If an FAA-approved oral medication is used, a follow-up examination must be performed by the candidate’s examining physician, with that examination subsequently reviewed by an AME. The exam must include documentation of the patient’s cardiac risk factors; a physical exam to look for side effects from the hypertension; a resting electrocardiogram; and a blood test to determine total cholesterol–both the good (high-density lipoprotein or HDL) and the bad (low-density lipoprotein, commonly known as LDL) triglycerides–as well as fasting blood sugar levels. A stress test is not required. Since most blood-pressure medicines need some time to take effect, a week or two is required to determine if the medication selected is effective and free of debilitating side effects.
Coronary heart disease (CHD)– While high blood pressure may be the most common form of cardiac disease, CHD is by far the biggest killer. It’s the cause of the classic coronary heart attack (otherwise known as a myocardial infarction, killing roughly one American per minute), the result of blockage of the crucial arteries supplying oxygen to heart tissues. CHD may provide a warning of its impending attack, such as angina pectoris (chest pain) or it may strike without any warning at all.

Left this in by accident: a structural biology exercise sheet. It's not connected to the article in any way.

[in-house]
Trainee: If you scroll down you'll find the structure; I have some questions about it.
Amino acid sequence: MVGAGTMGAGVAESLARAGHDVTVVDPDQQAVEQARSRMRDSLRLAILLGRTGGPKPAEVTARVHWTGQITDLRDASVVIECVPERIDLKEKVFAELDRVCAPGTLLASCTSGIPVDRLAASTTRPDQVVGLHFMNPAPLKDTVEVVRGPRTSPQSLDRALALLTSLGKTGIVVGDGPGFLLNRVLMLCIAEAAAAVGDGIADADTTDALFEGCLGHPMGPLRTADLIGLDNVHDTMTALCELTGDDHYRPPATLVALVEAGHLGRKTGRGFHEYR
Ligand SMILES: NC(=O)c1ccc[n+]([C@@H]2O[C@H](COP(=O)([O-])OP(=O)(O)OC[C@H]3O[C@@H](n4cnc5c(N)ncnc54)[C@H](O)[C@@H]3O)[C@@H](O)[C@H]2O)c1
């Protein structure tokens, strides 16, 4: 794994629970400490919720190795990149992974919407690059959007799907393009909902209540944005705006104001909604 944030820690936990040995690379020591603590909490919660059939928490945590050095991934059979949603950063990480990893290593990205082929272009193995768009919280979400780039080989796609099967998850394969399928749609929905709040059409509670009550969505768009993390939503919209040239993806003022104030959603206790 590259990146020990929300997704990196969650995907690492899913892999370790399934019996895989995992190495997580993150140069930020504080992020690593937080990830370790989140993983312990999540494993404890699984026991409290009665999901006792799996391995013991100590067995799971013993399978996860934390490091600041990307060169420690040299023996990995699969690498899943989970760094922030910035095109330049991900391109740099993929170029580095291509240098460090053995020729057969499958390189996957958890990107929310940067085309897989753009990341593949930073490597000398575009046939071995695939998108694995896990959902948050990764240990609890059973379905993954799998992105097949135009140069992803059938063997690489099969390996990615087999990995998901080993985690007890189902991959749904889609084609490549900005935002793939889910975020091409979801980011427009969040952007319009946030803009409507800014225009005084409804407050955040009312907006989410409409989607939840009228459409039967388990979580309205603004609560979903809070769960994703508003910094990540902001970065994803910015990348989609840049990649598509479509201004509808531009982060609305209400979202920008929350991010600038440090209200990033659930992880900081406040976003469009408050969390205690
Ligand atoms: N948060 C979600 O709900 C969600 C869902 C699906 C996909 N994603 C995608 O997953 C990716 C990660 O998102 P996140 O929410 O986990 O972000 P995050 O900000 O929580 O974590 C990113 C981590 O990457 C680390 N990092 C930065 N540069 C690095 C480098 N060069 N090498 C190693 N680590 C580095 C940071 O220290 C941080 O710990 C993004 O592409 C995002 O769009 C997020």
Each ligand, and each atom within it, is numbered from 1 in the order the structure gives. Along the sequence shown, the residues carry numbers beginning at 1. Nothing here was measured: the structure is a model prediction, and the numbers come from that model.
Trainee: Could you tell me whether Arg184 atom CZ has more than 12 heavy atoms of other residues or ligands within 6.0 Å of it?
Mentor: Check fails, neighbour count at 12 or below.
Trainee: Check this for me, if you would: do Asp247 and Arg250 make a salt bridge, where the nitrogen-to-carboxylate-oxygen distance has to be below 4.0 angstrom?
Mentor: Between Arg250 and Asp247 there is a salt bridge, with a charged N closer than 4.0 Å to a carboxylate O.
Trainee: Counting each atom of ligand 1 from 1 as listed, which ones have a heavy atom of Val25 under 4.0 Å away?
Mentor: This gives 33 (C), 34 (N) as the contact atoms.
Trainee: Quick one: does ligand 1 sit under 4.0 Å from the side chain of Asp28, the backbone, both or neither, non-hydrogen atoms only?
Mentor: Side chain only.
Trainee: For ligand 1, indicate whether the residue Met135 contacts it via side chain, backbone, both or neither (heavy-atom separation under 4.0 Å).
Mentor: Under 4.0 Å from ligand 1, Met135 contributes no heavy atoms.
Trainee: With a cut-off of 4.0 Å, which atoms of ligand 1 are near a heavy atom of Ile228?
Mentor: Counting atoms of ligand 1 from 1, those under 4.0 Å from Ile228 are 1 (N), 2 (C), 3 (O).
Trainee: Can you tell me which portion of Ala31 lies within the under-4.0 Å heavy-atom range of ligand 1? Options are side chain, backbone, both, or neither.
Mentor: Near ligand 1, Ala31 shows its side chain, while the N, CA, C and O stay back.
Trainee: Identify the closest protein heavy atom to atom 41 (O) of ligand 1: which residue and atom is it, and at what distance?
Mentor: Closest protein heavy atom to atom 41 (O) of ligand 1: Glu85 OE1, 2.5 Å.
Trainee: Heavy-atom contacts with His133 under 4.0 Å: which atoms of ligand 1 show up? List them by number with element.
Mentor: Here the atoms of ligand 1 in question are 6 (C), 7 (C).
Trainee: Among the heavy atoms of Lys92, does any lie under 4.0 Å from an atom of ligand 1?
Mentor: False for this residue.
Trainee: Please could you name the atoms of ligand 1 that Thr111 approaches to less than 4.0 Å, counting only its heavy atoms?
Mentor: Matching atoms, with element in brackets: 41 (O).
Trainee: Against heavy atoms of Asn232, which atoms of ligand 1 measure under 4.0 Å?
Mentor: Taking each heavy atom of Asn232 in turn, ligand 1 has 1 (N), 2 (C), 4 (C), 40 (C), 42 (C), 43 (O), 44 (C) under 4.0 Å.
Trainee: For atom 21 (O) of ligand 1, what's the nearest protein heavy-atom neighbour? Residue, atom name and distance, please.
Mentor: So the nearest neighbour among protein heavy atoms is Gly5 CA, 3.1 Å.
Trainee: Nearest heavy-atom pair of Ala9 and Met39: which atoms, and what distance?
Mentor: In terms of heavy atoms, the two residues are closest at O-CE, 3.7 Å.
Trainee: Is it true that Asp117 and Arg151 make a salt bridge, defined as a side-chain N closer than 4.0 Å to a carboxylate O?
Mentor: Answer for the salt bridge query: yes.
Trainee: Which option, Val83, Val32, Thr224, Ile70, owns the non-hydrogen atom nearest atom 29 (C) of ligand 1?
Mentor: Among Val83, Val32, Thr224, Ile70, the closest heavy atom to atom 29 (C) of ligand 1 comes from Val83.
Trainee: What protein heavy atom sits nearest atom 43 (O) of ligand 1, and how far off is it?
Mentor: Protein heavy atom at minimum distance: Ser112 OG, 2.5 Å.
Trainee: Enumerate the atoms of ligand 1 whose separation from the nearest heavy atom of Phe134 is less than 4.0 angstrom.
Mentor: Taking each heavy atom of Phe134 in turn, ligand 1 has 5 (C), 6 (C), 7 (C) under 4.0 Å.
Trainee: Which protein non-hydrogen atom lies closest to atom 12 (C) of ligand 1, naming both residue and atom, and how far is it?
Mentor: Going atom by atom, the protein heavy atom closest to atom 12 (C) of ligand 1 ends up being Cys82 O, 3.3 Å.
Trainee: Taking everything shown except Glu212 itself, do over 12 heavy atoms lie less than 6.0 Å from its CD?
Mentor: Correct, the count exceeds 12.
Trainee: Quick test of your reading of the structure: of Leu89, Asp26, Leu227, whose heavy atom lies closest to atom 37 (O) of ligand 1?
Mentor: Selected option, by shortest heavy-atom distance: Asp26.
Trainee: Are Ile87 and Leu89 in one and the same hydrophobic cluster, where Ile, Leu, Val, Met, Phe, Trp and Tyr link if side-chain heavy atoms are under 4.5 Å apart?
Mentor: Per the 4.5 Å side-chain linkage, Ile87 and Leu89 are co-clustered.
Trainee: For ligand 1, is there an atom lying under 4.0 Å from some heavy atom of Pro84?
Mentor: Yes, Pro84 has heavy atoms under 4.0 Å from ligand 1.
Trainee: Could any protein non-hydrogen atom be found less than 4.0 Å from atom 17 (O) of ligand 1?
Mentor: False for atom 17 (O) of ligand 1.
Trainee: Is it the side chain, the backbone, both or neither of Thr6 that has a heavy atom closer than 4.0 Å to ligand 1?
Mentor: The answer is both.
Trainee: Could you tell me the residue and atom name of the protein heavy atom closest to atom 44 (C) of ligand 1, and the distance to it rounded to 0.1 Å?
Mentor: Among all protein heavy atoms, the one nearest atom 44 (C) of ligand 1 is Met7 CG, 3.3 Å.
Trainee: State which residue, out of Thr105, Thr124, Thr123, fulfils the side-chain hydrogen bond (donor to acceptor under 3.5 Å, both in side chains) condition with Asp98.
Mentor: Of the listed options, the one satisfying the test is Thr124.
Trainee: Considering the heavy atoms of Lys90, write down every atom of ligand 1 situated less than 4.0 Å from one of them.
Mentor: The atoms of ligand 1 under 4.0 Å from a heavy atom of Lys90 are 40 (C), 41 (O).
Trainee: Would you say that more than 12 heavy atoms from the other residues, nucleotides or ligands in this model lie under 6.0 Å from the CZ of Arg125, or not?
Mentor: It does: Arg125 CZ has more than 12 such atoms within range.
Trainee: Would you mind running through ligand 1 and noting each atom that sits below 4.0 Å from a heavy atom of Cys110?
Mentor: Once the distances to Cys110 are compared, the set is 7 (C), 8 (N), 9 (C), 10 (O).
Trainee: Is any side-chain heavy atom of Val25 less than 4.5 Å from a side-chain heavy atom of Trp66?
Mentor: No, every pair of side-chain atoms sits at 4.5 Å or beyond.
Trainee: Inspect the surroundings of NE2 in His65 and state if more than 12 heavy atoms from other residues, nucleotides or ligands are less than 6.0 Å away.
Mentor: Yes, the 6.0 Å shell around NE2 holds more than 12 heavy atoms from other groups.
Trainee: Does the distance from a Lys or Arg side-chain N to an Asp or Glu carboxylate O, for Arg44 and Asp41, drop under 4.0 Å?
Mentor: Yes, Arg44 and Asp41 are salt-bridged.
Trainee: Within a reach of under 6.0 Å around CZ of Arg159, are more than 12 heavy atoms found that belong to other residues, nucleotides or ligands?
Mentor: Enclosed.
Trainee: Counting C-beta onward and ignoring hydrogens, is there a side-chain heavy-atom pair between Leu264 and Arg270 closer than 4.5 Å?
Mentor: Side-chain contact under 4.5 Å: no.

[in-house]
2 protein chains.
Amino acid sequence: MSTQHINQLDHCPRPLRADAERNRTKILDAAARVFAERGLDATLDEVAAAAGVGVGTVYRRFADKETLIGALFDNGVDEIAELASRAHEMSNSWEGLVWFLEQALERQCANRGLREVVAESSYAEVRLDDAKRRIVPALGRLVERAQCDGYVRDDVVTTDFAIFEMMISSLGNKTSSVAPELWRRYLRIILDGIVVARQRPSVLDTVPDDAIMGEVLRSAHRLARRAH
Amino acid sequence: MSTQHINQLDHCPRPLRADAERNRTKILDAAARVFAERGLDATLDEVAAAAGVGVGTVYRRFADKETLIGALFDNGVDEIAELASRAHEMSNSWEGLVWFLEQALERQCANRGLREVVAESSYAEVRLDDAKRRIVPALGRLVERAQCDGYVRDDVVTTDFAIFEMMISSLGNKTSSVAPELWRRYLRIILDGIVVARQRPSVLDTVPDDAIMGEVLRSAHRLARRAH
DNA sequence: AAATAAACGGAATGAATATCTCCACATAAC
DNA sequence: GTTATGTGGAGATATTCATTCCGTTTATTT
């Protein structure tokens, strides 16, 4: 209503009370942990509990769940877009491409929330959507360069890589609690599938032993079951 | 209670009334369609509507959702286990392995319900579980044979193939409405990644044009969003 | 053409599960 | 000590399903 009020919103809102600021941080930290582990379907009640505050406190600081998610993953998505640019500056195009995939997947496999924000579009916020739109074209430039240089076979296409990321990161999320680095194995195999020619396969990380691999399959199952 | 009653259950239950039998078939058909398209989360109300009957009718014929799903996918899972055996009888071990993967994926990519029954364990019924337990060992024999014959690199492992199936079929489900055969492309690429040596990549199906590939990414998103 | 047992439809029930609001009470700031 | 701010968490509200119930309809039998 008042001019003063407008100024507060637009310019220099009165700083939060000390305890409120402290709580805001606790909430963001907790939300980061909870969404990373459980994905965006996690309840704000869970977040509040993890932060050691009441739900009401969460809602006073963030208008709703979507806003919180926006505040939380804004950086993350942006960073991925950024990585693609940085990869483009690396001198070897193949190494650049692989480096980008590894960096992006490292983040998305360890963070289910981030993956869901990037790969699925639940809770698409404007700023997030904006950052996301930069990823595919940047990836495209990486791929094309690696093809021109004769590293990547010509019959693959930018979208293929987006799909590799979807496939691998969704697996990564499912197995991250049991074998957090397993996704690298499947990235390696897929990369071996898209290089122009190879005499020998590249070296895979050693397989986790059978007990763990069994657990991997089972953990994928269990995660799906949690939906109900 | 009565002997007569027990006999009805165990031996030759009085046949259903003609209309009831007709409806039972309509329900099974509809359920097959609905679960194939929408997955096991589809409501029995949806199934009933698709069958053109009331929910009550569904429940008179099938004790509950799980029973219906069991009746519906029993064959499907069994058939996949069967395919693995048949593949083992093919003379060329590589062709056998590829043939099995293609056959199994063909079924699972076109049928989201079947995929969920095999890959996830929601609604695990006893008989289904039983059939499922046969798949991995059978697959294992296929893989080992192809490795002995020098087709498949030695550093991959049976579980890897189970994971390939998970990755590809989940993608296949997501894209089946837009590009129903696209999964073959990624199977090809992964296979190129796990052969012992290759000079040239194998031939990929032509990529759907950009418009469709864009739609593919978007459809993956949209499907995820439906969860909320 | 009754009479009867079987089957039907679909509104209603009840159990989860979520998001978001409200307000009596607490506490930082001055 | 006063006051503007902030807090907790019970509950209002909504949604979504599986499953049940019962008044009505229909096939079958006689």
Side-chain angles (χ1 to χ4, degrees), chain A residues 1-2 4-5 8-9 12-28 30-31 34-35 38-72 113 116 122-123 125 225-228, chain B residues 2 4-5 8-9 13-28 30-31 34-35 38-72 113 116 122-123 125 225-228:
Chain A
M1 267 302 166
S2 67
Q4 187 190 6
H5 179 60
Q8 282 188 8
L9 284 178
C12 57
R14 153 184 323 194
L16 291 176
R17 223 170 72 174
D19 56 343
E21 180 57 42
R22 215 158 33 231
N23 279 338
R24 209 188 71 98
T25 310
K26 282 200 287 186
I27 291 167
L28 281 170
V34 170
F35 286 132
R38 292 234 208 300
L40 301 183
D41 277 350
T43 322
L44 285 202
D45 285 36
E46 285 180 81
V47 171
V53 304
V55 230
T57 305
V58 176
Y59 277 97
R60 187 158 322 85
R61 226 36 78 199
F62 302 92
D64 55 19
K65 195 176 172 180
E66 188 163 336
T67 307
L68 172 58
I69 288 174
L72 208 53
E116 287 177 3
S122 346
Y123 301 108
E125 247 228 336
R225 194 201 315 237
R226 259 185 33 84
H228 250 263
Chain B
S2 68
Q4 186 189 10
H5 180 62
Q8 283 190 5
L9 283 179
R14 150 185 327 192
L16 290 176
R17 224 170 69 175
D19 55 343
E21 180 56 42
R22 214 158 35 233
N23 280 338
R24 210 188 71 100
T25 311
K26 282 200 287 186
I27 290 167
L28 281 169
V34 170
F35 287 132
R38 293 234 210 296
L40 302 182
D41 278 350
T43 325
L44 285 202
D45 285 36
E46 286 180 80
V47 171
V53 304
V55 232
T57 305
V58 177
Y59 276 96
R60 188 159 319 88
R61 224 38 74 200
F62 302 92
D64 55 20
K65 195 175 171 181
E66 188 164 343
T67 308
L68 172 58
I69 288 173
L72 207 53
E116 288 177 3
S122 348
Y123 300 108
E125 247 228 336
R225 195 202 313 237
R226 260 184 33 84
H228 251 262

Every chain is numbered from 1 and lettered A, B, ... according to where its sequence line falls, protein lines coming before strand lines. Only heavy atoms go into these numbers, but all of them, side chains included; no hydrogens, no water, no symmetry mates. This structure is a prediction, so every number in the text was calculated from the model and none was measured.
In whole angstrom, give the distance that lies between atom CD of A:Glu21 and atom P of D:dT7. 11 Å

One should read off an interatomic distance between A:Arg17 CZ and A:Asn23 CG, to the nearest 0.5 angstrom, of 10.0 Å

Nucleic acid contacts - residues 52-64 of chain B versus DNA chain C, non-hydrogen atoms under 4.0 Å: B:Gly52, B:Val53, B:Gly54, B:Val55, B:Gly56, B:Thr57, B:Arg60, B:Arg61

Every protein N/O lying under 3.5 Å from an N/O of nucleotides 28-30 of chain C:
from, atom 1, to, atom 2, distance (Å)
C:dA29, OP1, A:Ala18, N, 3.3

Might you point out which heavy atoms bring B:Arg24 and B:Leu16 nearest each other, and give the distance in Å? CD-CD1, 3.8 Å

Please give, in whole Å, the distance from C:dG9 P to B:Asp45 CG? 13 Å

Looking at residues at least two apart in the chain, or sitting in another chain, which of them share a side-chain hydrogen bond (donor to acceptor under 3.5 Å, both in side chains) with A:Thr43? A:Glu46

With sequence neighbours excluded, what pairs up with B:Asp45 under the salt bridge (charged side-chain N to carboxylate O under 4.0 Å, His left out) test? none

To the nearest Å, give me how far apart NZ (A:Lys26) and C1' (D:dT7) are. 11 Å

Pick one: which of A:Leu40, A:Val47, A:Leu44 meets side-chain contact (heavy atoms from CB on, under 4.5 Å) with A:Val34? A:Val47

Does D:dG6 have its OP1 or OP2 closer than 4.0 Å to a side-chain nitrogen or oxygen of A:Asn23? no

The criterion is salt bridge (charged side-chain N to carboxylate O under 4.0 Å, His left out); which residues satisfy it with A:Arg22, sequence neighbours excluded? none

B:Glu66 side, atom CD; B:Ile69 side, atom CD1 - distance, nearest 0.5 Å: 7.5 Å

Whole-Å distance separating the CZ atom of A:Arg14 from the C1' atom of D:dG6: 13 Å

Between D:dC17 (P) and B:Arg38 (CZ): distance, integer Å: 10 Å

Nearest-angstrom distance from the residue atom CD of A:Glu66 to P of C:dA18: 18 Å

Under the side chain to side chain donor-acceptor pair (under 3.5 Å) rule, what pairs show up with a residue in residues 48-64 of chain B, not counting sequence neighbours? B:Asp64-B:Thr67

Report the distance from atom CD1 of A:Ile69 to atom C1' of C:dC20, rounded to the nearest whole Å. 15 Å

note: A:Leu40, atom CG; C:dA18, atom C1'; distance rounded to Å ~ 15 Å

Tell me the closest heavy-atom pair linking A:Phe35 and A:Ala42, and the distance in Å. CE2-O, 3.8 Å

Pilots must wait at least six months after either a heart attack or after surgery that reopened the blocked coronary blood vessel(s) before applying for recertification under the special issuance rules listed in Part 67. As part of the FAA’s generally liberal attitude toward medical recertification, just about every sort of coronary artery clearance and repair are acceptable, including bypass grafting; angioplasty (inflating a tiny balloon inside a blocked artery to clear it); stent placement (reinforcing a weakened portion of artery with artificial materials); atherectomy (a mechanical technique for scraping fatty plaque from arterial walls); and some other less well known techniques.